The pain and other unpleasant sensations that are the hallmark of sensitive skin imply a likely relationship to neurosensory dysfunction, probably involving several neuromediators and sensory receptors. Possible mechanisms for neural system hyperreactivity include nerve fibers; endothelin receptors; burn, itch, and heat receptors; cold receptors; and neutrophins (55). Dermal nerve fibers extend throughout viable epidermis as free nerve endings, but the epidermal component of this network is still poorly characterized (46).
Besne et al. (56) evaluated epidermal innervation of biopsy samples from different anatomical sites; two facial sites (upper eyelid and preauricular area), the abdomen, and the mammary area. The innervation of the facial areas was significantly higher than the other anatomical sites. With increasing age, the dermal innervation of the facial sites decreased, while it increased in the mammary skin and was unchanged on the abdominal skin. These authors proposed that epidermal nerve density variation could explain the different sensitivity thresholds in various anatomical sites.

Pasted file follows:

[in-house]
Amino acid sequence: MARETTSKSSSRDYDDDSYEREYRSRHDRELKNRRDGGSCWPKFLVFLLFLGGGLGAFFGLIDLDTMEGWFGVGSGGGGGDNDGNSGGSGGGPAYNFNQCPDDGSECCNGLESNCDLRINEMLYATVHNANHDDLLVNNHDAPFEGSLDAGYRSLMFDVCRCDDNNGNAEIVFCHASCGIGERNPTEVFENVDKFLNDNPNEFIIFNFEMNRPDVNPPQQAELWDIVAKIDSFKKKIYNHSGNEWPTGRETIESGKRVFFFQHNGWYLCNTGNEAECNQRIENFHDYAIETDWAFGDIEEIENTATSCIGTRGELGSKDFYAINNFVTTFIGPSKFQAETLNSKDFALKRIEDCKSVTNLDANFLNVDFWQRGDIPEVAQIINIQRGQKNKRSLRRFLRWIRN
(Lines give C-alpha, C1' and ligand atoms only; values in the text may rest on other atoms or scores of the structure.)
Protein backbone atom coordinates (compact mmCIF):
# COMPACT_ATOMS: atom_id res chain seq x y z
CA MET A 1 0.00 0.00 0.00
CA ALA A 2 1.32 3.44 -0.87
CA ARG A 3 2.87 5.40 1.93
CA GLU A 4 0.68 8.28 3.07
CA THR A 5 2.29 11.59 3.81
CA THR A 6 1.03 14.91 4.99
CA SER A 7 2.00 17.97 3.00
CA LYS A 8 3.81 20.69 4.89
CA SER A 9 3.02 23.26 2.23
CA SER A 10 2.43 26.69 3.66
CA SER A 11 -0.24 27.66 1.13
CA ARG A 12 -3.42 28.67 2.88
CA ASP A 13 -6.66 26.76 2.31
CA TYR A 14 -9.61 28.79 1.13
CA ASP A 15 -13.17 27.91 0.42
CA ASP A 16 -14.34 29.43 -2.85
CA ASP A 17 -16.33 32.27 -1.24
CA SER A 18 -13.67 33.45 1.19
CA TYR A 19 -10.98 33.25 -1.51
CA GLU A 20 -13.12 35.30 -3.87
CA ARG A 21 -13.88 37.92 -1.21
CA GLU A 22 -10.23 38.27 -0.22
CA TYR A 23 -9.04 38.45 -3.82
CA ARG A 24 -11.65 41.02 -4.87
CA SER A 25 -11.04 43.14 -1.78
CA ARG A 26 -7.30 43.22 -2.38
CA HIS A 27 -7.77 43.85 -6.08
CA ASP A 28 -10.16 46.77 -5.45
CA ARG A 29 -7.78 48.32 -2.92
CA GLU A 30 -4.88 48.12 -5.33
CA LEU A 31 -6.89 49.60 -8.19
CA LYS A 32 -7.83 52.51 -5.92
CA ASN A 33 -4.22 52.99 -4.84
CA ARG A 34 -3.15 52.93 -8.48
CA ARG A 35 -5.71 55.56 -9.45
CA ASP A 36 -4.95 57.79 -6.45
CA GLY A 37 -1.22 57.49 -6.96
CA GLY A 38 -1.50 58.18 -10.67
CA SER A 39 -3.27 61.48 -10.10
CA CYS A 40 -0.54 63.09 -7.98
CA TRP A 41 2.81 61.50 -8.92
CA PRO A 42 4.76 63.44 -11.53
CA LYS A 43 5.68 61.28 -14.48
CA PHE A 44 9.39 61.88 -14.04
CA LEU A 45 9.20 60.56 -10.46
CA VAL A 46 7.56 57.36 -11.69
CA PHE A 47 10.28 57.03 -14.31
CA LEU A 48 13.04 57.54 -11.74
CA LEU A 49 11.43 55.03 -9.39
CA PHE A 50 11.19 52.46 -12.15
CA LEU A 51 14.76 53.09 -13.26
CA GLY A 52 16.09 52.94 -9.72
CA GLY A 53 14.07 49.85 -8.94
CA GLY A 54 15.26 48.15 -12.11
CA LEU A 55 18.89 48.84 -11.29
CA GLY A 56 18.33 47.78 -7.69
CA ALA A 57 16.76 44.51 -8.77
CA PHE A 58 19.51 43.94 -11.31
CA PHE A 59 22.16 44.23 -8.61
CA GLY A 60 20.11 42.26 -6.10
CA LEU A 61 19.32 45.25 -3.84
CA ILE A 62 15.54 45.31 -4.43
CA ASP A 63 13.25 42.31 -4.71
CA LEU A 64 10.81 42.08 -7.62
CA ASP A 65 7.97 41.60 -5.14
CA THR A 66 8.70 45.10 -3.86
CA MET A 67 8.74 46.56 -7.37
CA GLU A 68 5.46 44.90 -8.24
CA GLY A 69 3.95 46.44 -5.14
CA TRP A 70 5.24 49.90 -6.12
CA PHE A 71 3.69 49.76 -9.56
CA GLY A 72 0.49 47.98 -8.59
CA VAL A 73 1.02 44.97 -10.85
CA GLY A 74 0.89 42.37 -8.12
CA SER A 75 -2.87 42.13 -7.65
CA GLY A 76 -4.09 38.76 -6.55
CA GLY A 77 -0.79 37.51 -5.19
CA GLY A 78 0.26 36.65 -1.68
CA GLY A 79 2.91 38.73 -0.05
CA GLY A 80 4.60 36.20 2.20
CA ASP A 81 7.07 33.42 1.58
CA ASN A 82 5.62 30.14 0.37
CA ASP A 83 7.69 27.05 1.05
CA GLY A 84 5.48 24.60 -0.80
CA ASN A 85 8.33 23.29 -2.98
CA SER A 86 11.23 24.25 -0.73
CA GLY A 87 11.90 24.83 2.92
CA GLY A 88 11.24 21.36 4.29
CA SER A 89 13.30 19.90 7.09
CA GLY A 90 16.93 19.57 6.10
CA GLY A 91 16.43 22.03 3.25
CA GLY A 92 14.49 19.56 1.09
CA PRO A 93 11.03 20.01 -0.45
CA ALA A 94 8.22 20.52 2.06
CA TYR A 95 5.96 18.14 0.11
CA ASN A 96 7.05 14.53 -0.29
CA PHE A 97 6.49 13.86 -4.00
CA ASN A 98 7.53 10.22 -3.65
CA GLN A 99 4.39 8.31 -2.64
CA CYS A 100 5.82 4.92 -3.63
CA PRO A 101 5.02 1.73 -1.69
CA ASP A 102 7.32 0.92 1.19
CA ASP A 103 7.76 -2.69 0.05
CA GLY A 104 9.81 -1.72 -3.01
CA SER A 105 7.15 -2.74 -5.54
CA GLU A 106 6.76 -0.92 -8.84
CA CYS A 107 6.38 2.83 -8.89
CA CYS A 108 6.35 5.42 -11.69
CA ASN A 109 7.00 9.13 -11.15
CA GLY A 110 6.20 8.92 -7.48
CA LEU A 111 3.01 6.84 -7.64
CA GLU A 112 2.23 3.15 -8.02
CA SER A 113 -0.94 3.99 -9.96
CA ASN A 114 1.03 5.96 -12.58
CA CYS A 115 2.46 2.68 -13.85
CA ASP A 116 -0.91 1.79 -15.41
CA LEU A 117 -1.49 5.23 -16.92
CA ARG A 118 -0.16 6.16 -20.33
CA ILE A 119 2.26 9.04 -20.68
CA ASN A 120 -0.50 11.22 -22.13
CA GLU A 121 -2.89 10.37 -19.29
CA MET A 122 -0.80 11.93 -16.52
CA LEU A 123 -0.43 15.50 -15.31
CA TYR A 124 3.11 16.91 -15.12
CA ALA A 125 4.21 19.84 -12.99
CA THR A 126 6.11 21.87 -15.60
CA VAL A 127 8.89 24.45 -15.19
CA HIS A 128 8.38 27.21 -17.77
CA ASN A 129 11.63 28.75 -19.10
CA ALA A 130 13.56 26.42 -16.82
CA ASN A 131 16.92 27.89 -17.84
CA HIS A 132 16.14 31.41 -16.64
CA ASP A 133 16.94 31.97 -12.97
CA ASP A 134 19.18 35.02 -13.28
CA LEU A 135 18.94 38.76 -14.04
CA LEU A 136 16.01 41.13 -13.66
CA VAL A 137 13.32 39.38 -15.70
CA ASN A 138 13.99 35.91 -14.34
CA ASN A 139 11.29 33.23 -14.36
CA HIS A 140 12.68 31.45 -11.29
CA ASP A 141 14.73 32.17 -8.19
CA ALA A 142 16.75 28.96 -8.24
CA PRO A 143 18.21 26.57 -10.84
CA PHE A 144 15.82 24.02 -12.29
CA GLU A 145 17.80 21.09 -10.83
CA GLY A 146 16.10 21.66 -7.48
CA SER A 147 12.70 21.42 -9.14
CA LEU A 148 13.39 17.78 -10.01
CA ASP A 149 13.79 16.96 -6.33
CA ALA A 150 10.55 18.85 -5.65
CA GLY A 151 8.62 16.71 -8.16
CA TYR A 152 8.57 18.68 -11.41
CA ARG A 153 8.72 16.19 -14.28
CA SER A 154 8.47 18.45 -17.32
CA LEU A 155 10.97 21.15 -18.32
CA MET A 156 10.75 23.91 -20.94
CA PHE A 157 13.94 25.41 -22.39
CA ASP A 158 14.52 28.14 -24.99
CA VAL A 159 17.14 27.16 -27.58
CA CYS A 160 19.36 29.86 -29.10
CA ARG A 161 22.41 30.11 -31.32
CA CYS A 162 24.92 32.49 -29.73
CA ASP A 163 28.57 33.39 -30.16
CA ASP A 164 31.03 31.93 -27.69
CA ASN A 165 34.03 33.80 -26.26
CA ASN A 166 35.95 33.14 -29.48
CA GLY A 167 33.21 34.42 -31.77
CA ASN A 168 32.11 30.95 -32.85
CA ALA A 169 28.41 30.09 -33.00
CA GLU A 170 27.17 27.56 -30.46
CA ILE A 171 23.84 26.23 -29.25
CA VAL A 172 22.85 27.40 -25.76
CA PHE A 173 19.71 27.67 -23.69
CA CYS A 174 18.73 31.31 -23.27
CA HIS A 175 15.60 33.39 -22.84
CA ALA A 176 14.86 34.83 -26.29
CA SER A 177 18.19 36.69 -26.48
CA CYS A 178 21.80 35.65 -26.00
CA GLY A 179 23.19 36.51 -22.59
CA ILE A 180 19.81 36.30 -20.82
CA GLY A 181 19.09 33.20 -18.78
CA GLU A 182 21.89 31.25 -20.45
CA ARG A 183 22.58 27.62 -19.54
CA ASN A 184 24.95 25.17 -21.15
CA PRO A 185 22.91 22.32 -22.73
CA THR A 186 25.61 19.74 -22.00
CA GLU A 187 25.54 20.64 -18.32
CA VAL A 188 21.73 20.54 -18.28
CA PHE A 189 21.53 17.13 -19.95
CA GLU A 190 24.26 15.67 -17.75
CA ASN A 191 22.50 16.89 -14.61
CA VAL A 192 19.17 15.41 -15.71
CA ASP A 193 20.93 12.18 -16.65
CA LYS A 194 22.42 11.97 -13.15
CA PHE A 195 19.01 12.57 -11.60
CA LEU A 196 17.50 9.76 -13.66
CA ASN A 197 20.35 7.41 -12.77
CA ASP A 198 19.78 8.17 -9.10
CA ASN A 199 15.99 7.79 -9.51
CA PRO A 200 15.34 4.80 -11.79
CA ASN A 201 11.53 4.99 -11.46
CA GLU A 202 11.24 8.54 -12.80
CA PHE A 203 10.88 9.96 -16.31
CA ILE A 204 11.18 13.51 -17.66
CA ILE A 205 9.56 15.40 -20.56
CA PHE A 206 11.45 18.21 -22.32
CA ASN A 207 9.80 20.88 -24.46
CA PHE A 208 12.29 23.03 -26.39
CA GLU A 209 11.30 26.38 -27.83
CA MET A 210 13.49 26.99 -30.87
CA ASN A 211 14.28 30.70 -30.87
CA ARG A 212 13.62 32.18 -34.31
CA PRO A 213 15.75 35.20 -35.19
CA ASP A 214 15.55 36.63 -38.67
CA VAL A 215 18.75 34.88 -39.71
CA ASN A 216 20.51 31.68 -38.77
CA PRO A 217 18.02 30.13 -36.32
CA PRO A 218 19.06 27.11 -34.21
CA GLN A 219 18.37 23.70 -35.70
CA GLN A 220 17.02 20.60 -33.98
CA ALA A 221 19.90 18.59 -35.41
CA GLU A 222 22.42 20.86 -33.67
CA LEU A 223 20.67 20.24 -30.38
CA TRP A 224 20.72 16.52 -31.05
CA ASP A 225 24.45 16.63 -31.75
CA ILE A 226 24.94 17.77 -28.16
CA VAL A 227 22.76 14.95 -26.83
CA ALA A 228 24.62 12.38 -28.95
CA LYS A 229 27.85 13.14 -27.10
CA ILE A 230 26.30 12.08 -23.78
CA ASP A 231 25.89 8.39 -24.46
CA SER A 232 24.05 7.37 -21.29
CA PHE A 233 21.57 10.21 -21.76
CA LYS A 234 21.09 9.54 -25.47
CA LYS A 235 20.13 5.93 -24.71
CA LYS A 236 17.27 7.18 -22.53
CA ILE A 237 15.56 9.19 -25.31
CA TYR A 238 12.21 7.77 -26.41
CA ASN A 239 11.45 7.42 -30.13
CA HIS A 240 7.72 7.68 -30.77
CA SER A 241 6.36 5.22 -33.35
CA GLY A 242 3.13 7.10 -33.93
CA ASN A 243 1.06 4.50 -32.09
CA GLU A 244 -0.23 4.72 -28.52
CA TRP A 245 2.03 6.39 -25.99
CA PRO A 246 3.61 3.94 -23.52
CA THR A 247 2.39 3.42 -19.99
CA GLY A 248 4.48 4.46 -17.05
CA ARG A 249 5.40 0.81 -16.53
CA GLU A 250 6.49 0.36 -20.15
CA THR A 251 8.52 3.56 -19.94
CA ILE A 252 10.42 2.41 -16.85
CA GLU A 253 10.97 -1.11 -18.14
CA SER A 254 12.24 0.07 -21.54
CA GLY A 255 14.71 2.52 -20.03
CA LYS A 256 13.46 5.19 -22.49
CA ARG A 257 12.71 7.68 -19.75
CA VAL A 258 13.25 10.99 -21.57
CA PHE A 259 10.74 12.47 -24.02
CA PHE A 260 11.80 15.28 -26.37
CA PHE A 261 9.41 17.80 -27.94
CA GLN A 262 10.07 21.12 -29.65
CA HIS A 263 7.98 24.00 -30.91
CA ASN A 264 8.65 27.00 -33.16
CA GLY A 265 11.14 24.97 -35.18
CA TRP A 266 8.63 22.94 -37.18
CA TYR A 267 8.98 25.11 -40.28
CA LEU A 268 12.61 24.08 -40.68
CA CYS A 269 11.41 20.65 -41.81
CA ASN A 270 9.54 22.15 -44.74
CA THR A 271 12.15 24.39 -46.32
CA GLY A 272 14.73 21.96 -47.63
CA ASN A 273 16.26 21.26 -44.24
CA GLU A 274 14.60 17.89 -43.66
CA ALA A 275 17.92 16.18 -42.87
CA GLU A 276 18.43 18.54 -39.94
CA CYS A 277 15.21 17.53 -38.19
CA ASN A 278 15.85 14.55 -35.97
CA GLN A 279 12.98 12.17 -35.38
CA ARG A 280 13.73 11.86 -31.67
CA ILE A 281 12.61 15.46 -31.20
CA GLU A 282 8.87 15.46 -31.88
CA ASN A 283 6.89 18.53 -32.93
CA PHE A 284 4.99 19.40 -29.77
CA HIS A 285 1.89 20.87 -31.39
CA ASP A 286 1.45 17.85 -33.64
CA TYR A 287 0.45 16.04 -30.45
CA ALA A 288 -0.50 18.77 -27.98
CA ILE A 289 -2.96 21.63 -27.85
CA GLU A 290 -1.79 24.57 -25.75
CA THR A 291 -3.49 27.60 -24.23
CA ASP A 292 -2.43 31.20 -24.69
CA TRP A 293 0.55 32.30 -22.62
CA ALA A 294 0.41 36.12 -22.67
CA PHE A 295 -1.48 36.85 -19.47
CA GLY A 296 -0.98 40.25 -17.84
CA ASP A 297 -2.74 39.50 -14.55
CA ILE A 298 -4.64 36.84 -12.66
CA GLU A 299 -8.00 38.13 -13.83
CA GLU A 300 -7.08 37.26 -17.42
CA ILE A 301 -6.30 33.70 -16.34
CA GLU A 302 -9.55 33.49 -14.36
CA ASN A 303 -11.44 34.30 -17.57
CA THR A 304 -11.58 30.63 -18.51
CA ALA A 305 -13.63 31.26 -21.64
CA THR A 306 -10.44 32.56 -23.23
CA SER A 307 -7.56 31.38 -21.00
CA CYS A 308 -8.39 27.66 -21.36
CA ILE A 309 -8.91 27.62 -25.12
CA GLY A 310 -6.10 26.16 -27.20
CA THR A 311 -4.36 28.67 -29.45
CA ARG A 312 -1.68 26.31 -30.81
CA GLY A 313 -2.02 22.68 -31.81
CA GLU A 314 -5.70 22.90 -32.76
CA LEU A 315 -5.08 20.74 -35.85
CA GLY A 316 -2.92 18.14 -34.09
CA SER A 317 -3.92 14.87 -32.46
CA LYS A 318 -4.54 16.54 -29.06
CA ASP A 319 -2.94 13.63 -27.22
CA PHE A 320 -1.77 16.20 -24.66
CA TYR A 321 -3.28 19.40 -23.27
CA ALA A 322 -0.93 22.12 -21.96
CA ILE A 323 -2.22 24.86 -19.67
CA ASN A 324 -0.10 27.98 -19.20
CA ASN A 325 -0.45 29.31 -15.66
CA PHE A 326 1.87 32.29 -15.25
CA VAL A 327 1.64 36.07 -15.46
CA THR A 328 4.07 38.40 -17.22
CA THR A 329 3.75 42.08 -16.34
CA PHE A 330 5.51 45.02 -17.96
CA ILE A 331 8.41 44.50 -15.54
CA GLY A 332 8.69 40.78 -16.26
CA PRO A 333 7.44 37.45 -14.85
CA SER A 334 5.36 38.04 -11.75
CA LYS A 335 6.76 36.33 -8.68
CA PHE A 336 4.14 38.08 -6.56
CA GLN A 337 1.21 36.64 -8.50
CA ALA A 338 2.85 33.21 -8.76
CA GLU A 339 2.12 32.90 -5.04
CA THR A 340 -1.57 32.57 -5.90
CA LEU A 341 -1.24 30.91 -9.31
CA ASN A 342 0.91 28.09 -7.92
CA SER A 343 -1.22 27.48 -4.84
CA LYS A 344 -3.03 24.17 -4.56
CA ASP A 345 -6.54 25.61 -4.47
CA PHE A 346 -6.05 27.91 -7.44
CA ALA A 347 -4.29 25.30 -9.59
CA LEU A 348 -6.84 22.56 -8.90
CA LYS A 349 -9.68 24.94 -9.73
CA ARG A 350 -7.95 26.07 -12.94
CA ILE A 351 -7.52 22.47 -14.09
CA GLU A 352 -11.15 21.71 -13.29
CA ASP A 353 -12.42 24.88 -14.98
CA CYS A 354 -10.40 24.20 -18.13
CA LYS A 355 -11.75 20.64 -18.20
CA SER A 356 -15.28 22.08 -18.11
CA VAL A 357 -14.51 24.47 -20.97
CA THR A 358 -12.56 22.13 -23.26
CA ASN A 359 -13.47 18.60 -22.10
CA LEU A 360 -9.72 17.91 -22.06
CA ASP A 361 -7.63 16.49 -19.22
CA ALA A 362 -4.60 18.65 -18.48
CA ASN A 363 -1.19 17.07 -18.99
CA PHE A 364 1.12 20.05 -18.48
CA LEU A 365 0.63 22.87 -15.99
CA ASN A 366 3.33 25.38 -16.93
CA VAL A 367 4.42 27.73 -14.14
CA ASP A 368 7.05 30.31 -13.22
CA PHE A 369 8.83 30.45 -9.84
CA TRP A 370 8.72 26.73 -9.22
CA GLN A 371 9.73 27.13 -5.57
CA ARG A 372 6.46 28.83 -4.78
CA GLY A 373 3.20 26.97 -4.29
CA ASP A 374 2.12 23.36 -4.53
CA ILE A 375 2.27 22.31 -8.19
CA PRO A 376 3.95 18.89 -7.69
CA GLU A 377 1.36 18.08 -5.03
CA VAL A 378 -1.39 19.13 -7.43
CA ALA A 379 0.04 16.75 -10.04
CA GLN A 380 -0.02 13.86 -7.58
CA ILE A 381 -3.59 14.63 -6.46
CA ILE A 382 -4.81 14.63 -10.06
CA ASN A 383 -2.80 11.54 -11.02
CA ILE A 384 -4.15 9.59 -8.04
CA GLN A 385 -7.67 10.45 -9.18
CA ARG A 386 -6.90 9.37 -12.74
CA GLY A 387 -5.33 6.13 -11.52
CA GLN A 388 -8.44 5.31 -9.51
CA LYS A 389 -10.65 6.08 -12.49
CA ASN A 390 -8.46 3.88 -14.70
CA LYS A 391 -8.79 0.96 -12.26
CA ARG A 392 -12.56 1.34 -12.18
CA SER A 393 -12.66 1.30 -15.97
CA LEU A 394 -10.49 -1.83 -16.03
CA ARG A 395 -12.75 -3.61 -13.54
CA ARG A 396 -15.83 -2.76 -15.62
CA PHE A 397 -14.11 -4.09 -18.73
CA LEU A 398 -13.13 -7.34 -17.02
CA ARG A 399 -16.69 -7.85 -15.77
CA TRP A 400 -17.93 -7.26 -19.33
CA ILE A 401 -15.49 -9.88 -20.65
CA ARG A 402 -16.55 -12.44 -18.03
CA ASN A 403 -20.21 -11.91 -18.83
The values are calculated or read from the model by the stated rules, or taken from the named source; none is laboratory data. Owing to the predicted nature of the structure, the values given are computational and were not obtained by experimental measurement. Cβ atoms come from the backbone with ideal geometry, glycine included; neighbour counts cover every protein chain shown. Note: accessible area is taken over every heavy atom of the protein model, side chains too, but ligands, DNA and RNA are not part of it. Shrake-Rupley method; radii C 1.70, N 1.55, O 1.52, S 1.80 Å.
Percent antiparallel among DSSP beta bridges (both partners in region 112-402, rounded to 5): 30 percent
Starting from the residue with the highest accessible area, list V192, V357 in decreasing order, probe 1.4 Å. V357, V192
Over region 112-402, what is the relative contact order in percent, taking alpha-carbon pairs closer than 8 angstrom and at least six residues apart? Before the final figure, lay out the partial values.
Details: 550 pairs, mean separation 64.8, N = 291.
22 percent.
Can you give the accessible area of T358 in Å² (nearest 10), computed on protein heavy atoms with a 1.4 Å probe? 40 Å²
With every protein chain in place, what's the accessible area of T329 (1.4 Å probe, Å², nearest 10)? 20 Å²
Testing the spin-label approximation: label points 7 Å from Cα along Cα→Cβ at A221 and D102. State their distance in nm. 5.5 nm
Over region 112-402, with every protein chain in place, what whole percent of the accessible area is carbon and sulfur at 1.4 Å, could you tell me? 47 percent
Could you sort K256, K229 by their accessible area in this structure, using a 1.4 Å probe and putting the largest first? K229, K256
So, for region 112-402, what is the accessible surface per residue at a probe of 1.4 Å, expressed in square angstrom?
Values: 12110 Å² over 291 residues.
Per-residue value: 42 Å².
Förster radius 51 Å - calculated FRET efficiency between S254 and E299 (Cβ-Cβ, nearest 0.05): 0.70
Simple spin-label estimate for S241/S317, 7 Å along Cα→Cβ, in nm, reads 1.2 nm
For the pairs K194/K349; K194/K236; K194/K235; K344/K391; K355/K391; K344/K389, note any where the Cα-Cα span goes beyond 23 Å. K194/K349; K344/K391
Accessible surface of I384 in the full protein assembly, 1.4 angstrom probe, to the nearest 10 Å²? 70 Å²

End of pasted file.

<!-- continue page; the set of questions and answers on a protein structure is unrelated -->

Skin sensations such as itching, pain, and warmth are mediated by unmyelinated C fibers (29,57). Kim et al. (58) evaluated C fiber measurements at 5 Hz electric current stimulation in a study on a small number of young adult male volunteers. The individuals prone to sensitive skin showed a tendency toward a decreased sensory perception threshold compared with the individuals who were not prone to sensitive skin.